To be precise, we know that in 1888 a some lucky factory employees audience in Leeds England saw several motion picture performances, well before they or anyone else had ever seen a single (halftone) photo in even the biggest national newspapers, books or magazines.
And this in what was the richest and most advanced civilization on earth.
You might expect still photos in books and newspaper to be easier to achieve than motion film but you would be quite wrong.
Those films from over 125 years ago still look engrossing today.
The first well known periodical halftones came about a dozen years later and took another dozen years after that before run of the mill halftones on good coated paper looked almost as good as original black and white snapshots of the same era.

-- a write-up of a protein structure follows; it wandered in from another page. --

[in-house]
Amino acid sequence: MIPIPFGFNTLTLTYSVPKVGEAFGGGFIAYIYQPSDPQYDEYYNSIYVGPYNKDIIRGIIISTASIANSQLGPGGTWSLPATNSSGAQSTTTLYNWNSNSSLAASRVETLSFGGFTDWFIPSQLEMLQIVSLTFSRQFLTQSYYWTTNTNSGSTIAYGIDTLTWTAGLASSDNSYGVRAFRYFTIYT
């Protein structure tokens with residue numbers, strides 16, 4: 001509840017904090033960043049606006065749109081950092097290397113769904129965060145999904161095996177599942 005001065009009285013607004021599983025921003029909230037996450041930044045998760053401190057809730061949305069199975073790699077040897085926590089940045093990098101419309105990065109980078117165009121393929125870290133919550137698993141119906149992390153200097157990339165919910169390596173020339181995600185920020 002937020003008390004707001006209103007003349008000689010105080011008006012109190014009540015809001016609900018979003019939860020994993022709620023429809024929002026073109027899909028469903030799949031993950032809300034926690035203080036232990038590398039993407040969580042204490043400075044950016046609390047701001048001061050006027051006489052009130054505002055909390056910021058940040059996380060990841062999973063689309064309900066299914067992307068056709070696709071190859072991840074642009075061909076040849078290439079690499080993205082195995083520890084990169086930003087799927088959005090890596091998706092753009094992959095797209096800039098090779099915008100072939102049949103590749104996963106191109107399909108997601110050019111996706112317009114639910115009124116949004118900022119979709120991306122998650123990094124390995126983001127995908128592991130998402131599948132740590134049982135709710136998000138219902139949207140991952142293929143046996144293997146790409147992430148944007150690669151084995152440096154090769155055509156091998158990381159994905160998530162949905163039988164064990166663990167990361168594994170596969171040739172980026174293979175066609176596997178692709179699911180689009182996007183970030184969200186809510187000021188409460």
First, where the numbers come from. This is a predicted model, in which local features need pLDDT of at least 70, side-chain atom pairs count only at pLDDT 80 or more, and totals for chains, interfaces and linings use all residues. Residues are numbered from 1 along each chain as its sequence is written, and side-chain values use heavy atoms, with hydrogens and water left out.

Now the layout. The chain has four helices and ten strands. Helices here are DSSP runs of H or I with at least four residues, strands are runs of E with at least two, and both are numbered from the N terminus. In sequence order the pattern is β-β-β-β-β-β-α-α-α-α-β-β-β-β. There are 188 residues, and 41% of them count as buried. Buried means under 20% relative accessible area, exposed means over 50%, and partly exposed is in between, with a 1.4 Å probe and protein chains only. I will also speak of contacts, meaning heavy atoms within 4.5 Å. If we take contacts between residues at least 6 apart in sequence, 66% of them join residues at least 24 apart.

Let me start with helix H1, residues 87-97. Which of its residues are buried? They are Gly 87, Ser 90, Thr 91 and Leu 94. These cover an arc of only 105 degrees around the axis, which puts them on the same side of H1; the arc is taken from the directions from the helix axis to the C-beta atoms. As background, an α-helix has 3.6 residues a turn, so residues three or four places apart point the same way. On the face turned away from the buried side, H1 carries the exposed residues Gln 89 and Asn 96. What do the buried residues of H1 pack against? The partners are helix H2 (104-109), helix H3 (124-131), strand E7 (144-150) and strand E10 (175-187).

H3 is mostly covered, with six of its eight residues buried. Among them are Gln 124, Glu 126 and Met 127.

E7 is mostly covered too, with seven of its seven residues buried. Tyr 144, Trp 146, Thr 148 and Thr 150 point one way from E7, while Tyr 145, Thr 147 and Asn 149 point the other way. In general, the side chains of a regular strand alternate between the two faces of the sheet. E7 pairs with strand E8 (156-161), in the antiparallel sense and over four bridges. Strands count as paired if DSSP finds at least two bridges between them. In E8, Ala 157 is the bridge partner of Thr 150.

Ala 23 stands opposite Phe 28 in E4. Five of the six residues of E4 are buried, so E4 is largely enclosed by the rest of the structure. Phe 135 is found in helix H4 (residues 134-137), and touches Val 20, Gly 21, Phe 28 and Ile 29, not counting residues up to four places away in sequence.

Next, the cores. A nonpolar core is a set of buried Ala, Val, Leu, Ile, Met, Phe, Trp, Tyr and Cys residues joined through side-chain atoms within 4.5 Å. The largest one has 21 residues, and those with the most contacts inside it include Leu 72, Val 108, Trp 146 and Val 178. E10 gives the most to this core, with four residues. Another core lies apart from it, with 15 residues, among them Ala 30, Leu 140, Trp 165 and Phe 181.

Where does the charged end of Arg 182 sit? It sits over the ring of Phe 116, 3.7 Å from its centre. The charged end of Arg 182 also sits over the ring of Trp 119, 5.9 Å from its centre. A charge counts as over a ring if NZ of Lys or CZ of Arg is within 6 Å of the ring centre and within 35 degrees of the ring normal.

Many small rural weeklies never did have any halftones in their papers, right into the 1950s ---- unless a national advertiser sent a flexible rubber photoengraving for a special ad.
A small town boy like Henry Dawson, born into a middle class railway man's family an hour away from big city Halifax by dad's train, possibly saw a motion film there before he saw a memorable newspaper halftone.
Young Dawson certainly remembered his first films but probably gave the daily newspaper photos from far off Africa and India no mind - the hobby of snap photography was the rage all around him growing up and halftone photos must have seemed hum drum to him.
But it was not. It marked a dramatic break in human history.
For the very first time those vivid life-like half tones - and later the cinema newsreels ---- made 'the foreign' seem suddenly very close, over familiar and 'in your face'.
And to a great many - but not to Henry --- it was all sort of scary....